“The myth-maker, the teller of fairy tales, and the writer of fantasy,” Dickerson and O’Hara remind us, “all may speak profoundly to the human soul. They do so through art, and imagery, including the imagery of magic in many of its forms, and as such they speak directly to the soul through the imagination.” A world without such stories is not just poverty-stricken, it is less than fully human. God called us into existence in time; he called us to live in story. At the Fall our stories were violently severed from The Story, and so as sons of Adam and daughters of Eve we feel strangely homesick, lost in the cosmos. In the biblical narrative of redemption, by God’s grace our minds can be renewed and our imaginations can be nourished as The Story gives shape and meaning to the scattered stories of our lives.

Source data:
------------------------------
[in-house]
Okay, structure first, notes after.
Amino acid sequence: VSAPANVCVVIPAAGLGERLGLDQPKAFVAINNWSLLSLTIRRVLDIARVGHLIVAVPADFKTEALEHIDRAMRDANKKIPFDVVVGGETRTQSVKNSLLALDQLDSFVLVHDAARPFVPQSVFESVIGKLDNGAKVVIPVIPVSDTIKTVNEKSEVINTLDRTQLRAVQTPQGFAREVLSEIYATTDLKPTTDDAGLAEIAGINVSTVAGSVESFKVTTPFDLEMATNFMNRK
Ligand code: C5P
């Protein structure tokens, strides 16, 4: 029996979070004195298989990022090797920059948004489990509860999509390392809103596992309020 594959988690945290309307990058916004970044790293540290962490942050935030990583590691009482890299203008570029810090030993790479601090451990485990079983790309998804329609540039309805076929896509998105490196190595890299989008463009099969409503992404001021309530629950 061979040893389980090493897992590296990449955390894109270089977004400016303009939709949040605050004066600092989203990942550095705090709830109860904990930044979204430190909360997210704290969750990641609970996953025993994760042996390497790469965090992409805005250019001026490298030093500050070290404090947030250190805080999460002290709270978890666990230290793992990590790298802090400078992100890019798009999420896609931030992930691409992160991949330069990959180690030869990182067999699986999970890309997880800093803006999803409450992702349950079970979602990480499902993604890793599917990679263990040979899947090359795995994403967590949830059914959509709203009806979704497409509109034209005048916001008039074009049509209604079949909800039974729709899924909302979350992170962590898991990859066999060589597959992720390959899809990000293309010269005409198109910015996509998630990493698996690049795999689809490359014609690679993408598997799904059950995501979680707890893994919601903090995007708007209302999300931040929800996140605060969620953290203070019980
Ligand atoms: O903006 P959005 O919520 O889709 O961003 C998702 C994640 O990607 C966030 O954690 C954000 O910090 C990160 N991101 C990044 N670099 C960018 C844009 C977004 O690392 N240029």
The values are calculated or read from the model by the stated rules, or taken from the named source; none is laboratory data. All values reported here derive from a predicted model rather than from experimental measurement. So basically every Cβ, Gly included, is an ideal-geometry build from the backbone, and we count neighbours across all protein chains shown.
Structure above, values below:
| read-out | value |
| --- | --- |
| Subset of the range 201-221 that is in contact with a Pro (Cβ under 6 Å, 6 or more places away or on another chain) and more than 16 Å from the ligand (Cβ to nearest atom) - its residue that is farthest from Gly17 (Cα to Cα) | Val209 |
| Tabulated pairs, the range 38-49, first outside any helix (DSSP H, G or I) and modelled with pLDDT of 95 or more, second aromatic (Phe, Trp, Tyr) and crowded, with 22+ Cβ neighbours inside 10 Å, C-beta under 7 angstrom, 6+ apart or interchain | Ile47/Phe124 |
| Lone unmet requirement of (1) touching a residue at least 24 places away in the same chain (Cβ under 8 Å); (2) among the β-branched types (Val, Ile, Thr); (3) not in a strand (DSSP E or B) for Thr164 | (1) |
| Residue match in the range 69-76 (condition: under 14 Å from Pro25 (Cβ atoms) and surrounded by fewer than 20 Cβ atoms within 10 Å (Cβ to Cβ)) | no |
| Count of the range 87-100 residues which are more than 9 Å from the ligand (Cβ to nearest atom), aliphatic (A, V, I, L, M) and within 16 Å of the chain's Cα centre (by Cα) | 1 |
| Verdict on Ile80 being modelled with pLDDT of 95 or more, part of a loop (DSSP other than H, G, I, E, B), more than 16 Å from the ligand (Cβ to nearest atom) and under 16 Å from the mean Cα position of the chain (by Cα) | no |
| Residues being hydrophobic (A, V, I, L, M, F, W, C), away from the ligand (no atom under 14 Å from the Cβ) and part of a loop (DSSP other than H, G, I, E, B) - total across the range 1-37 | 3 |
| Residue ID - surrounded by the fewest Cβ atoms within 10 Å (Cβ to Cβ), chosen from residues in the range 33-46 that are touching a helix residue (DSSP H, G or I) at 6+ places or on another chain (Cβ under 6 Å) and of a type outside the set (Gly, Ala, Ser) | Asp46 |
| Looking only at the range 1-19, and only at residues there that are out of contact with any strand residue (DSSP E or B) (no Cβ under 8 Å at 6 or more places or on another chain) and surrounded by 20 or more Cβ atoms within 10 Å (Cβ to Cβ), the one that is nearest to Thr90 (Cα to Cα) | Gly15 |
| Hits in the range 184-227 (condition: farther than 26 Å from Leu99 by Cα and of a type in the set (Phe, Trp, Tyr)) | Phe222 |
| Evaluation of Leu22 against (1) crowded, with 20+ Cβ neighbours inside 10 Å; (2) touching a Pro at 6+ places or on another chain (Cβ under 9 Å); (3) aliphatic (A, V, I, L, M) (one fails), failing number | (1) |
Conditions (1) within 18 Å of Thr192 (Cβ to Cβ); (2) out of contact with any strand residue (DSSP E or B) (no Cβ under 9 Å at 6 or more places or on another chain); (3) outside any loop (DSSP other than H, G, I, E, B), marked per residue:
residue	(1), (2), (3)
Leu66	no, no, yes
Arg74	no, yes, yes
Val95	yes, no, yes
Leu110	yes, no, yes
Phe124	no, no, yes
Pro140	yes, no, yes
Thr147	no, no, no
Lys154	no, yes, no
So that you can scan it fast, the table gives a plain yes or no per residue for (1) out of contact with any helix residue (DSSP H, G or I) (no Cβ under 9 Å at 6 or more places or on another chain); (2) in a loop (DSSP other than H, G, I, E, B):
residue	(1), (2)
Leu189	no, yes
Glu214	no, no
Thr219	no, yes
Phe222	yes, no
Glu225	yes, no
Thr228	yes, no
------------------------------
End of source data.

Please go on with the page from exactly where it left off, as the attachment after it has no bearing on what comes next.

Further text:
Some have objected to Pan’s Labyrinth as being too dark, more like a terrifying dream than a fairy tale. They mistake the good life for a comfortable existence, embrace personal peace as a virtue, and must learn that a good fairy tale, like truth itself, is never safe.

Unlike many films, Pan’s Labyrinth not only is good enough to be seen more than once, it requires more than one screening to take in all the details lovingly crafted by del Toro. It is a wild ride into the world of imagination, full of love and horror, where choices count, where what is real is greater than science can detect, and where life is lived in a fragmented world and in the shadow of death. There are always two questions worth posing when we watch a good film: Do I like it? Do I get it? Even if you answer No to the first questions, Pan’s Labyrinth is worth being able to answer Yes to the second.